Engaging Families Across Languages During Remote Learning: Translating Challenges Into Success at Academy of World Languages (AWL)

translating challenges into success at academy of world languages

Across the country, families and educators alike faced an abrupt and challenging transition to remote learning this past school year. The staff at Academy of World Languages (AWL), a magnet school in Cincinnati, Ohio, was no exception.

“One night in mid-March we got a message that we wouldn’t be returning to school the next day,” says Cara Thomas, a third-grade math teacher at AWL, which serves over 600 students in pre-K through 8th grade.

Thomas and the rest of the AWL staff are dedicated to serving newcomer, refugee, asylee and immigrant families. Over sixty percent of AWL students are classified as English Language Learners (ELL).

“Our speciality is working with kids who are new to the city. We have 38 languages and 45 countries represented in our halls,” says AWL principal Jackie Roweder proudly.

In the shift to remote learning in March, the need to engage families at AWL became stronger than ever. But the communication across languages presented challenges, even for a school with a strong culture of family engagement like AWL.

These challenges only became greater when classrooms closed, forcing students to do their learning away from the familiar, welcoming halls of the AWL campus and its staff.

Instead of letting barriers get in the way, AWL seized remote learning as a chance to try new tools and strategies for family engagement. These efforts have led to stronger connections between staff and families regardless of the languages spoken at home.

Below, we share AWL’s journey through family engagement challenges, learnings and successes to help inspire you this school year–whether you’ll be seeing students in your physical classroom, virtual classroom, or both.

Barriers to Communication between School and Home

Each year, Cara Thomas sends families of her third-grade students a newsletter in their home language. Last year, the languages included Spanish, French, Arabic and a handful of other dialects from African countries. The newsletter tells families what they’re doing in math class and lists Thomas’ contact information so families can keep in touch.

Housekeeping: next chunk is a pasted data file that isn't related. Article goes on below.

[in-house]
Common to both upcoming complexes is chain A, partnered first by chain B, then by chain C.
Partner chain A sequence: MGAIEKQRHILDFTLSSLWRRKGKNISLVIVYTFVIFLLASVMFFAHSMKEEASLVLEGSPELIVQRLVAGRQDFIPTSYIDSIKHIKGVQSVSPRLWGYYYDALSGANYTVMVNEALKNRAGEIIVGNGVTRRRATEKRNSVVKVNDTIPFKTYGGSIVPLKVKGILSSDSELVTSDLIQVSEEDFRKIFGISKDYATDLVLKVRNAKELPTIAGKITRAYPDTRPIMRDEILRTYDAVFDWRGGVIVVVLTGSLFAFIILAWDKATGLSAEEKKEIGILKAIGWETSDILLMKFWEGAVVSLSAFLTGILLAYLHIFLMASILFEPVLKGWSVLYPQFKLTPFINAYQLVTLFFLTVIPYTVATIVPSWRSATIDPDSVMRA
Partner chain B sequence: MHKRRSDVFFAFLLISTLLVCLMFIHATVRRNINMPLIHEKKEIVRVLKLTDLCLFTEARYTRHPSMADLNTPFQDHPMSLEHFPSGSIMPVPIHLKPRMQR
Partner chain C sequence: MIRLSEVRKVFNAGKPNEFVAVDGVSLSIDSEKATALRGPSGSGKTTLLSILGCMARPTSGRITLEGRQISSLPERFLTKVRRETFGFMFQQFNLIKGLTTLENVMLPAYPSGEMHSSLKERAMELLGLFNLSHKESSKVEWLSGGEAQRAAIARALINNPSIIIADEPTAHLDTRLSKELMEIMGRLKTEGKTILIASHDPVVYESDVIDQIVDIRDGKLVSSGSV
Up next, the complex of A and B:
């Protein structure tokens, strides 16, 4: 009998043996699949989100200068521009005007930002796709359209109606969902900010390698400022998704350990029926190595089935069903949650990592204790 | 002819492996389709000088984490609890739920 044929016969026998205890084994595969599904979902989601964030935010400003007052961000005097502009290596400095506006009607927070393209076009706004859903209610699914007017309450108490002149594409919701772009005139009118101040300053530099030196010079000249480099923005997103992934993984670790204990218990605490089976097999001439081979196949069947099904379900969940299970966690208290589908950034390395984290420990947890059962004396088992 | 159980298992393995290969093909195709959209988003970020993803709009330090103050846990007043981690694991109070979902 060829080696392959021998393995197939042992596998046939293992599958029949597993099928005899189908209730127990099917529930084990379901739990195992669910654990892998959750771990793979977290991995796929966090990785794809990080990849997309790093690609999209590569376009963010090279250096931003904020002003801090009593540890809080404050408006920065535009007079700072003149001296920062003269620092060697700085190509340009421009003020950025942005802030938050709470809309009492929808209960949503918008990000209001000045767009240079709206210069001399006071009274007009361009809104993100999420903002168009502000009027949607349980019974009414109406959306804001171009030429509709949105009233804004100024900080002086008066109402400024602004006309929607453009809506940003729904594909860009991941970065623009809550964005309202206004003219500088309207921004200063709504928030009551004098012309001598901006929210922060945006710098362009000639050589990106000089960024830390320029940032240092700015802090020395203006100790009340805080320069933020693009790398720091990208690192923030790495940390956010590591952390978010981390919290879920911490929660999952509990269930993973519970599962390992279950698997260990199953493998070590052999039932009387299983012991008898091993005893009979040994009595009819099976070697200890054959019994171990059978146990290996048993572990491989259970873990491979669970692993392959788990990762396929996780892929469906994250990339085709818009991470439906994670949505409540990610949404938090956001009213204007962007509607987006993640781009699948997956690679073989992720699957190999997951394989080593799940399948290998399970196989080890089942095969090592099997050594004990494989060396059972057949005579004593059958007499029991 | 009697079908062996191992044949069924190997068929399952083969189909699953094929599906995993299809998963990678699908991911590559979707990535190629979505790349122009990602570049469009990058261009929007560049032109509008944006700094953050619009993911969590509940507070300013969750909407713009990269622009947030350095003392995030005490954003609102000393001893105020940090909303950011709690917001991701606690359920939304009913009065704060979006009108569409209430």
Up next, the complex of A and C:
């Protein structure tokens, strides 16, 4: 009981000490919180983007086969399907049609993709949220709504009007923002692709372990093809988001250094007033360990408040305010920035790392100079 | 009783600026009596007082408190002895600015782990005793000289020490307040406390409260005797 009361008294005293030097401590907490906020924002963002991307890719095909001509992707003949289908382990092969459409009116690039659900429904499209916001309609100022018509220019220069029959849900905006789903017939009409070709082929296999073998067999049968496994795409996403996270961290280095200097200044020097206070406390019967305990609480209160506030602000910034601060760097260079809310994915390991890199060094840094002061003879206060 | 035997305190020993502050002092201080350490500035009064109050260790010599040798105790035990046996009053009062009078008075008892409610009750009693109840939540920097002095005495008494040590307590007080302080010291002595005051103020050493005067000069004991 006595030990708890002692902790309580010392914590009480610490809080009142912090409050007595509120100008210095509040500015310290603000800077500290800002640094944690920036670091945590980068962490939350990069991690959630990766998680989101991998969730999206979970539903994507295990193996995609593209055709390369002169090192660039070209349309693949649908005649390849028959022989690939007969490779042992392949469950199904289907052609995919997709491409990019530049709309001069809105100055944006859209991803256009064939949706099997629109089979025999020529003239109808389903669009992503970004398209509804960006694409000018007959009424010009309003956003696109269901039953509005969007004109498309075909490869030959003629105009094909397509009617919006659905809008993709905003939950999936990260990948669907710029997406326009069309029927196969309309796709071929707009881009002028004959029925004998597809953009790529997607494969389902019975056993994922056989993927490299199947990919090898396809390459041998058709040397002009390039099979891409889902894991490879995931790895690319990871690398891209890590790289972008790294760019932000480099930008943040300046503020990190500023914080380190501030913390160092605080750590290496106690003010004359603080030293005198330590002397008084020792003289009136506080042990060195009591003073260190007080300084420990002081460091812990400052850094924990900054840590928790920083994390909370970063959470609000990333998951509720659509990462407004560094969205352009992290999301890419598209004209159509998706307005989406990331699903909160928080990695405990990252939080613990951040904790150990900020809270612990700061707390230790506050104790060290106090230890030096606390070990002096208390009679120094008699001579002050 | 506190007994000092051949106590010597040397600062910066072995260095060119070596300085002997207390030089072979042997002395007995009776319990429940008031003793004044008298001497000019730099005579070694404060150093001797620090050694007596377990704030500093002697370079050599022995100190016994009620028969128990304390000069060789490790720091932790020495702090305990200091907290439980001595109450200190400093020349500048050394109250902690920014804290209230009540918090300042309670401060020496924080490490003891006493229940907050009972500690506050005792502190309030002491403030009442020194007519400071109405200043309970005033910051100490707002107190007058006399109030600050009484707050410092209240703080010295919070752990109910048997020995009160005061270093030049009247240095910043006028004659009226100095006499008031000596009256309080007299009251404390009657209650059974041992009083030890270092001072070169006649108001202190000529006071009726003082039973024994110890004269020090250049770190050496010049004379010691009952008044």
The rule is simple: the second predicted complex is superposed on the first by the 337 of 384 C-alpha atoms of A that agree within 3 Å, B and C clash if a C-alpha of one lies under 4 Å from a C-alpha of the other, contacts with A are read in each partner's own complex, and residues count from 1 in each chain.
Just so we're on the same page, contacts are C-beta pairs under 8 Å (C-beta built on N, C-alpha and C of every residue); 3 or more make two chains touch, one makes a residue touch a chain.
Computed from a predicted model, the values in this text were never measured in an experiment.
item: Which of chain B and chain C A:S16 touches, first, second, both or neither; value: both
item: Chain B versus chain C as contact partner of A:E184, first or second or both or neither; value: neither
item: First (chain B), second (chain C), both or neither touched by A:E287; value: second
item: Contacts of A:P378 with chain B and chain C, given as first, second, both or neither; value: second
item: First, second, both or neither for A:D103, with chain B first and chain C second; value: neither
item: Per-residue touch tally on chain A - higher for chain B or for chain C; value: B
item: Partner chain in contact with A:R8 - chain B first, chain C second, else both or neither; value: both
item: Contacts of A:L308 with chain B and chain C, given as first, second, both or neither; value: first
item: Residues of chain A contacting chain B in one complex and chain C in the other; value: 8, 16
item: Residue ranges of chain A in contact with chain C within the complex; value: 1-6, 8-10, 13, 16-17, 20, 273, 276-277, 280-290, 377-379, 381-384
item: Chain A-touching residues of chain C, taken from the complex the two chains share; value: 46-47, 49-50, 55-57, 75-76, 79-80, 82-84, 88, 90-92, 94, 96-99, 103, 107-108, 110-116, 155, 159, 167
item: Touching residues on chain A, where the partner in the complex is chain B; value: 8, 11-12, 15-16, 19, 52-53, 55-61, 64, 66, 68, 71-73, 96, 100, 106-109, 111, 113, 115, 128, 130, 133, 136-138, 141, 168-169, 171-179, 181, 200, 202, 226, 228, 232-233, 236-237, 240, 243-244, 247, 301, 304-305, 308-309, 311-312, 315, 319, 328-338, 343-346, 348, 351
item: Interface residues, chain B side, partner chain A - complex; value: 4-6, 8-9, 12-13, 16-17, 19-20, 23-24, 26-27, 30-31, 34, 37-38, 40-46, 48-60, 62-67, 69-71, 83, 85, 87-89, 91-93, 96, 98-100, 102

Yet even with regular outreach efforts and in-person learning, “I feel like things got lost in translation,” says Thomas.

“Even just ways the family can contact me and get assignments online through Schoology (AWL’s main learning portal). Maybe the student would forget how to do their work at home, so that would be difficult, because I wasn’t able to talk the family through how to support them.”

Thomas used to rely on the district’s on-demand interpretation service to connect with families. “You call a phone number to reach an interpreter, and then ask for the language, and then dial the parent’s number,” explains Thomas. But this strategy often came up short.

“If I couldn’t reach the parent or family member, then I could ask the interpreter to leave a message. But once the parent called me back, I wouldn’t be able to communicate with them directly,” she says.

Some of the languages that AWL needed also weren’t readily available via the interpretation service.

“It takes an hour and a half to find a Kinyarwanda interpreter on the phone,” says Jackie Roweder. “The service is also expensive for the district,” she adds.

An empty classroom at AWL as students and teachers quickly adjust to distance learning

A Full Team Effort: The Transition to Distance Learning

When staff at AWL learned they wouldn’t be seeing their students in person for weeks or even months, they leapt into action.

“We spent the next few weeks just calling families to find out if their basic needs were met and if they needed anything, and to see if they could download and print the district’s remote learning packet. We were really just checking in,” says Thomas. This helped Thomas and fellow staff understand who needed what supplies, and the staff coordinated deliveries when possible.